Laura Keener, Editor.
On a beautiful Monday morning Bishop Roger Foys celebrated the annual Memorial Day Mass, May 31, at St. Stephen Cemetery, Ft. Thomas. As usual, Mass was held on Calvary Hill beneath the large stone crucifix. Special this year, Brood X (the 17-year cicadas) provided Cicadian chant, adding to the natural landscape and to the praise and glory of God.
“Today is Memorial Day, it’s a day to remember,” said Bishop Foys as he began his homily. “We say that we ought to be remembering those who died for us, those who died to preserve our freedom, those who died to preserve our way of life. Even though this is a day to remember, I think it is pretty safe to say that a large part of the population in this country have forgotten what we are to remember”
Drawing on the Gospel passage — the raising of Lazarus from the tomb — and the Biblical account of the Last Supper, Bishop Foys elaborated on the importance of remembering and how faith is foundational to remembering.
“Memories are important, remembering people and events is important,” Bishop Foys said. “At the Last Supper Jesus said to his apostles, ‘Do this in memory of me.’ Every time we celebrate Mass we are called to remember that Last Supper and the words that Jesus spoke to the apostles and the message that he had entrusted to them.”
In the Gospel passage, Bishop Foys said, that Martha had “temporarily forgotten that Jesus was the Lord,” when she chastises Jesus for not being there to prevent her brother’s death and cautions Jesus not to roll away the tomb stone for fear of a stench.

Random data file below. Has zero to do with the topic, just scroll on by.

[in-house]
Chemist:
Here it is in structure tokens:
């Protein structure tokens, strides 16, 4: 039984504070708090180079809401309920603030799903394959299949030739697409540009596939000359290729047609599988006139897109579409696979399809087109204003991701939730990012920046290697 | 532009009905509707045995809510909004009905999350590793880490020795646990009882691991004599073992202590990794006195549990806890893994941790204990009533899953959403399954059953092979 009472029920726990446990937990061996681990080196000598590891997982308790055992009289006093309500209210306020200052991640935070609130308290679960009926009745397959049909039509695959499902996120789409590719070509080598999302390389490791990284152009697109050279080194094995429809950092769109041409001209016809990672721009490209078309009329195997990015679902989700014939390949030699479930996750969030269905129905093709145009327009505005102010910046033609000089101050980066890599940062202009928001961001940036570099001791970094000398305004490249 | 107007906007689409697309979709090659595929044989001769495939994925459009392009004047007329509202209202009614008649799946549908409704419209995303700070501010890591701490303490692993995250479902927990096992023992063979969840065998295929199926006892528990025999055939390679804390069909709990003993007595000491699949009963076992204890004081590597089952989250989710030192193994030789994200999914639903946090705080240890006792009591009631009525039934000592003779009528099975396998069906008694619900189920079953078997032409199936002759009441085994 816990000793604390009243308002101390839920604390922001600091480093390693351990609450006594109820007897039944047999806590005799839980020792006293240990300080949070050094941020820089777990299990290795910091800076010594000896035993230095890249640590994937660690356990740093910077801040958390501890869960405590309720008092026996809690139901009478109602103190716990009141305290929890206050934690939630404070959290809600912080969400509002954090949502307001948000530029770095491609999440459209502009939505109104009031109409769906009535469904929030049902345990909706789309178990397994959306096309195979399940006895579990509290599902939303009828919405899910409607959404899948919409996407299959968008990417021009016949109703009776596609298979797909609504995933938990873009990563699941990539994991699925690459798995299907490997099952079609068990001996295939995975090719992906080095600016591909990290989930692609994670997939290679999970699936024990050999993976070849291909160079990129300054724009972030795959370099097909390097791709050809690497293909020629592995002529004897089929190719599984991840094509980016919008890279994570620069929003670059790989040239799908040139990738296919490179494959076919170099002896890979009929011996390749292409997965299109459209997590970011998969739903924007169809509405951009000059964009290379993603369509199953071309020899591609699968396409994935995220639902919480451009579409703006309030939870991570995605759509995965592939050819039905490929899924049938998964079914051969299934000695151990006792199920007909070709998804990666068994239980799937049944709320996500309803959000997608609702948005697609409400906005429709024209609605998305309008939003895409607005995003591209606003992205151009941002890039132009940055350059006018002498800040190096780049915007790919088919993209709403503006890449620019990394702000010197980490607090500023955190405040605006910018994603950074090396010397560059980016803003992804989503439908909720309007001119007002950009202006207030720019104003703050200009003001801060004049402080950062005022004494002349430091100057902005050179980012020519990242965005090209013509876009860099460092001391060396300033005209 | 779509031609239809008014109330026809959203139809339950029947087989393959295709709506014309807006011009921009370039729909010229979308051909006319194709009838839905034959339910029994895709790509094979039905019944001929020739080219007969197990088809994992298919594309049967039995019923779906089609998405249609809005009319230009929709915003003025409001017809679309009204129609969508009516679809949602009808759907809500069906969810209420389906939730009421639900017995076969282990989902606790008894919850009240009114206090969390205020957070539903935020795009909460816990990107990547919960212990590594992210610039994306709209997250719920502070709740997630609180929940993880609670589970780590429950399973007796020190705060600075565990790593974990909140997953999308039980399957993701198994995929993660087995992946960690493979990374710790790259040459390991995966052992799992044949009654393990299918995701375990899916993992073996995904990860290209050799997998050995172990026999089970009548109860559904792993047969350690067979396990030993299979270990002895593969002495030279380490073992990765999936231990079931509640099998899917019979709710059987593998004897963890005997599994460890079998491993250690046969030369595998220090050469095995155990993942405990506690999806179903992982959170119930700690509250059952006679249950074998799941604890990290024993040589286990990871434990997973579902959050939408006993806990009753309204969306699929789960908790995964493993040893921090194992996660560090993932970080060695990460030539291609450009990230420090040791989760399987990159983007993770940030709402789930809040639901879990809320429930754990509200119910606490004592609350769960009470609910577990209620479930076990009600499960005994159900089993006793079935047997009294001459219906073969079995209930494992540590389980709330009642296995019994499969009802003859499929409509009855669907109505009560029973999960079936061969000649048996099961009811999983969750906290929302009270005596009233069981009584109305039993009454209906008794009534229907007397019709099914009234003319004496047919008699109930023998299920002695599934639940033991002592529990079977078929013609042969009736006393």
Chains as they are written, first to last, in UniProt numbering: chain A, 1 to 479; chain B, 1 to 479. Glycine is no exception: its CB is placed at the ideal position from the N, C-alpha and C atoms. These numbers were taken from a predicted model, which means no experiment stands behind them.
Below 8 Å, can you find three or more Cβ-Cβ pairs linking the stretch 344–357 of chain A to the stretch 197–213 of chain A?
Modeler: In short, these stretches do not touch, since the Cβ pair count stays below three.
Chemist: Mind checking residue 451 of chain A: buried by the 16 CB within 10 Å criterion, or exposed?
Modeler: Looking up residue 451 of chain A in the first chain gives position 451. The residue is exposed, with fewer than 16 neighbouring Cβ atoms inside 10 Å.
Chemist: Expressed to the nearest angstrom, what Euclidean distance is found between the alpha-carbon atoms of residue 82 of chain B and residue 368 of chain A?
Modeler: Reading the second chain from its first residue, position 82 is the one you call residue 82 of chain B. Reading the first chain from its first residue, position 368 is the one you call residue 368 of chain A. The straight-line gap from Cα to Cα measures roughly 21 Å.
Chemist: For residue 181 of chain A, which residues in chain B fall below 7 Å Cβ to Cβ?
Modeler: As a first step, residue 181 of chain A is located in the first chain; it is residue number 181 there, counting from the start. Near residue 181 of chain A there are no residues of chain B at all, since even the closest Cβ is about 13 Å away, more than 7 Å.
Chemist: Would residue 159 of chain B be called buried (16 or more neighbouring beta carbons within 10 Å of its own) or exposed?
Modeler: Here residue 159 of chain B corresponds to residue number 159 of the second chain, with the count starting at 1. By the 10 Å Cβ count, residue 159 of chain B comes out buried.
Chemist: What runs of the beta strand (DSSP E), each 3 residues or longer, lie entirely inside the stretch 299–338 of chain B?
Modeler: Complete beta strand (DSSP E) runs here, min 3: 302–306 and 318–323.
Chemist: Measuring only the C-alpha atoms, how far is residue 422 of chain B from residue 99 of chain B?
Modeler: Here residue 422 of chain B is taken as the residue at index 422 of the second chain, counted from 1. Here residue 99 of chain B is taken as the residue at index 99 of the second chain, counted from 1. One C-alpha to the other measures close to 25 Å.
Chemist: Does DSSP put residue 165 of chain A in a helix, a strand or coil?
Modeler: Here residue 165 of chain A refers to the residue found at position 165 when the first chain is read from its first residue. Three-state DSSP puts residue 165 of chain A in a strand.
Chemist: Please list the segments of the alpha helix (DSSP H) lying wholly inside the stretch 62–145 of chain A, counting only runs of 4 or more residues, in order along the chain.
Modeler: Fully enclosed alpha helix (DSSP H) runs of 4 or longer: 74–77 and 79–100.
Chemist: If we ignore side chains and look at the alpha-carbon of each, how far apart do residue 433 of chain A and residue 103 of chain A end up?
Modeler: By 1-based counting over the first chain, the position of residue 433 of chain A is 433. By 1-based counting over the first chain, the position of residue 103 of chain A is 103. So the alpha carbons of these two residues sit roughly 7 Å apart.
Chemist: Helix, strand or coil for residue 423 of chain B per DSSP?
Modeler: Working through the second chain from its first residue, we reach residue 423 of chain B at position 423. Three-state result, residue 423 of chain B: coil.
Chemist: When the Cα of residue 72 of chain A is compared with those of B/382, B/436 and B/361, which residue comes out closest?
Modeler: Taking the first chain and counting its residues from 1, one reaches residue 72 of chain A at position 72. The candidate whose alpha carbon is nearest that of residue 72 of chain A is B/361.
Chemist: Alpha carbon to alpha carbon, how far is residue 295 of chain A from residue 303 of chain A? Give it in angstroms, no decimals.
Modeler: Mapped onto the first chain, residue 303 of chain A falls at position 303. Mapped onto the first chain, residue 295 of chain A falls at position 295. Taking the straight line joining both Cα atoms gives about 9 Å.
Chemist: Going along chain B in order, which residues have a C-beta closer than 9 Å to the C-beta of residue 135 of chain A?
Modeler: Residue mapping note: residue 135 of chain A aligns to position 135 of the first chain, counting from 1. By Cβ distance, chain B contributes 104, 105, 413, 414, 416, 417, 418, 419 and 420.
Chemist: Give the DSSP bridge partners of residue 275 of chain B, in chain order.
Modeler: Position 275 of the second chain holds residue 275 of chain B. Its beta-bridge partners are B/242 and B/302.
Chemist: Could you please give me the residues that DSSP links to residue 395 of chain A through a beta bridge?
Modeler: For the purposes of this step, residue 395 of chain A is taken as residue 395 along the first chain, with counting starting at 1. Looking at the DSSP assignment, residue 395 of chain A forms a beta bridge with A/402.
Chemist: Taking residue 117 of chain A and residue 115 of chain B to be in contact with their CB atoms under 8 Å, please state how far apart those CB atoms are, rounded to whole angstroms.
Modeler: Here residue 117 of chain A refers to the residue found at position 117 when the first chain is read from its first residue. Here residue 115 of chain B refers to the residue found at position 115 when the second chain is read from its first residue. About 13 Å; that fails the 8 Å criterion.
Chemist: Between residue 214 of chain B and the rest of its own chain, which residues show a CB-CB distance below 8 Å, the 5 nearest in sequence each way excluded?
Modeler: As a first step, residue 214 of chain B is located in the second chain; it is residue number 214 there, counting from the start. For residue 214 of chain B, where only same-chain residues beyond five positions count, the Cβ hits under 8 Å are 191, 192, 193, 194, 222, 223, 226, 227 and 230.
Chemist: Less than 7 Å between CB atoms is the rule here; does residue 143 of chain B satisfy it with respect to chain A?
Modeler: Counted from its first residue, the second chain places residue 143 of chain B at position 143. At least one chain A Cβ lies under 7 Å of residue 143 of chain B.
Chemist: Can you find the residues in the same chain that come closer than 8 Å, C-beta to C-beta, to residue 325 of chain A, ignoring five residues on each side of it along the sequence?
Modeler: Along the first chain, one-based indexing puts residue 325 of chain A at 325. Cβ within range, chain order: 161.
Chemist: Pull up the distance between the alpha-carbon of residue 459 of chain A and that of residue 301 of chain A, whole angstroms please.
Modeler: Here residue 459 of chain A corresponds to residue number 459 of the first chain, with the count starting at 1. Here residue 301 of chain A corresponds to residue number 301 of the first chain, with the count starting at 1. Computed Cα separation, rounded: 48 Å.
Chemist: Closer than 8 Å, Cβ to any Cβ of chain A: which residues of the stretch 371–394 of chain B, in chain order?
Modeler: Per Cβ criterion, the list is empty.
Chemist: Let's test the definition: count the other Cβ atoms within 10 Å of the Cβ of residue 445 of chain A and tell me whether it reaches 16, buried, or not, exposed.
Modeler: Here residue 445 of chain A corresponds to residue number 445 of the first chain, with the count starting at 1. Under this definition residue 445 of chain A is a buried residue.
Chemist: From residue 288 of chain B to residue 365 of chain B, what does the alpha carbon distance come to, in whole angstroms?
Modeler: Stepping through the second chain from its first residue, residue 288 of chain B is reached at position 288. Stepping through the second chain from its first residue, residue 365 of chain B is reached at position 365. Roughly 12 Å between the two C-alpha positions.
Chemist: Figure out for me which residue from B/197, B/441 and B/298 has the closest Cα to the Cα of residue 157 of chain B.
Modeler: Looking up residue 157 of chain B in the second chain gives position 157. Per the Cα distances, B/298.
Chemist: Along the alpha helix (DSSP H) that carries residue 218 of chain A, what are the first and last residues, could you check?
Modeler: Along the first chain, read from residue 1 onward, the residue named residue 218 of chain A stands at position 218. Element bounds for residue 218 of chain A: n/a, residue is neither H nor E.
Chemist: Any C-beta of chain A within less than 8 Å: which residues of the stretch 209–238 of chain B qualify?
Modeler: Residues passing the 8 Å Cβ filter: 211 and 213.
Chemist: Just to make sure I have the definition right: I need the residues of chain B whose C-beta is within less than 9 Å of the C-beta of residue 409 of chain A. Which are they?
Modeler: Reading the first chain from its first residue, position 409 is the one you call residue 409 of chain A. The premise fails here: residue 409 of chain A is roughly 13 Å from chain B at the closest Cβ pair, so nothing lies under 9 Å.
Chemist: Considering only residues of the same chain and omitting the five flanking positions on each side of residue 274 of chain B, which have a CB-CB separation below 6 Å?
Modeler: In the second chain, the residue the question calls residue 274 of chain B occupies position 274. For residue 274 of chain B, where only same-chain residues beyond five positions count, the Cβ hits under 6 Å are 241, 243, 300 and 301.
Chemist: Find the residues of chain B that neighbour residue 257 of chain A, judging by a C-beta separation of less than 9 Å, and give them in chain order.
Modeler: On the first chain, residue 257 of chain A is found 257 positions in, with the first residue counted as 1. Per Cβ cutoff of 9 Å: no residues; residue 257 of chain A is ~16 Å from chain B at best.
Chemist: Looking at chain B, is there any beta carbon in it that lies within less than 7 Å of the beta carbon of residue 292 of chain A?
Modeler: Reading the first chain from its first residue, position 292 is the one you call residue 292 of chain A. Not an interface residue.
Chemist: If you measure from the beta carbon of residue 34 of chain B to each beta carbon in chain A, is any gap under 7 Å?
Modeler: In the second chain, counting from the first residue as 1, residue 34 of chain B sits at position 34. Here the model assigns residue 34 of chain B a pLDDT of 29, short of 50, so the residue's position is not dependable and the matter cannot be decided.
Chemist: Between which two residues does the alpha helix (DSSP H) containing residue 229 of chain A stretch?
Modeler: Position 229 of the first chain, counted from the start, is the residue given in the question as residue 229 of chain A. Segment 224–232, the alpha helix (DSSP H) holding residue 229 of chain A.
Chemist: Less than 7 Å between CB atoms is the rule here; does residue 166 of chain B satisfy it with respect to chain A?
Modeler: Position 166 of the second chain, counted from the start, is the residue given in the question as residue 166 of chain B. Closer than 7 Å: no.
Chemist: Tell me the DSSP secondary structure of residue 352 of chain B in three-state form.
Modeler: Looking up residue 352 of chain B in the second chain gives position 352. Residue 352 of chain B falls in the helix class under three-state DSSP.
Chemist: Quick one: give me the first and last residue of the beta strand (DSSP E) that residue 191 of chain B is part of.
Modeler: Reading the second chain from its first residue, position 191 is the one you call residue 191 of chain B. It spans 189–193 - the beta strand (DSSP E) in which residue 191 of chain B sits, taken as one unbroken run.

“She takes him to task for not being there when her brother died. She forgot what he told her, ‘I am the resurrection and I am the life,’” Bishop Foys said.
Bishop Foys shared a Chinese proverb: as long as someone remembers you, you will never really be dead.
“There’s something to that,” said Bishop Foys. “There’s a connection to what went before, what is now and what will be — we pass on those memories and traditions.”
Also important, Bishop Foys, is to remember what so many men and women sacrificed their lives for — to preserve our freedoms, especially religious freedom.
“It is important for us to pray for those who gave their very lives so that we could be here, so that we can worship, so that we could profess and live our faith,” Bishop Foys said. “We must not forget. For almost 200 years the state — the government — did not encroach on the Church, it respected our religious freedom, for which so many have died. But in the recent past — not so. Now we have governments telling us how we can live, what we can do and can’t do, even as it pertains to our faith — our beliefs. That’s frightening. What will the future be when we lose those freedoms? That’s why it is so very important for us to gather and to remember and to pray.”
As he ended his homily, Bishop Foys said, “As we continue Mass let us keep in our minds and hearts, first of all, those who gave their very lives so that we might have freedom. Let us also remember our family and friends who have gone before us, commend them to the Lord, pray for them, that one day where they have gone we will follow.”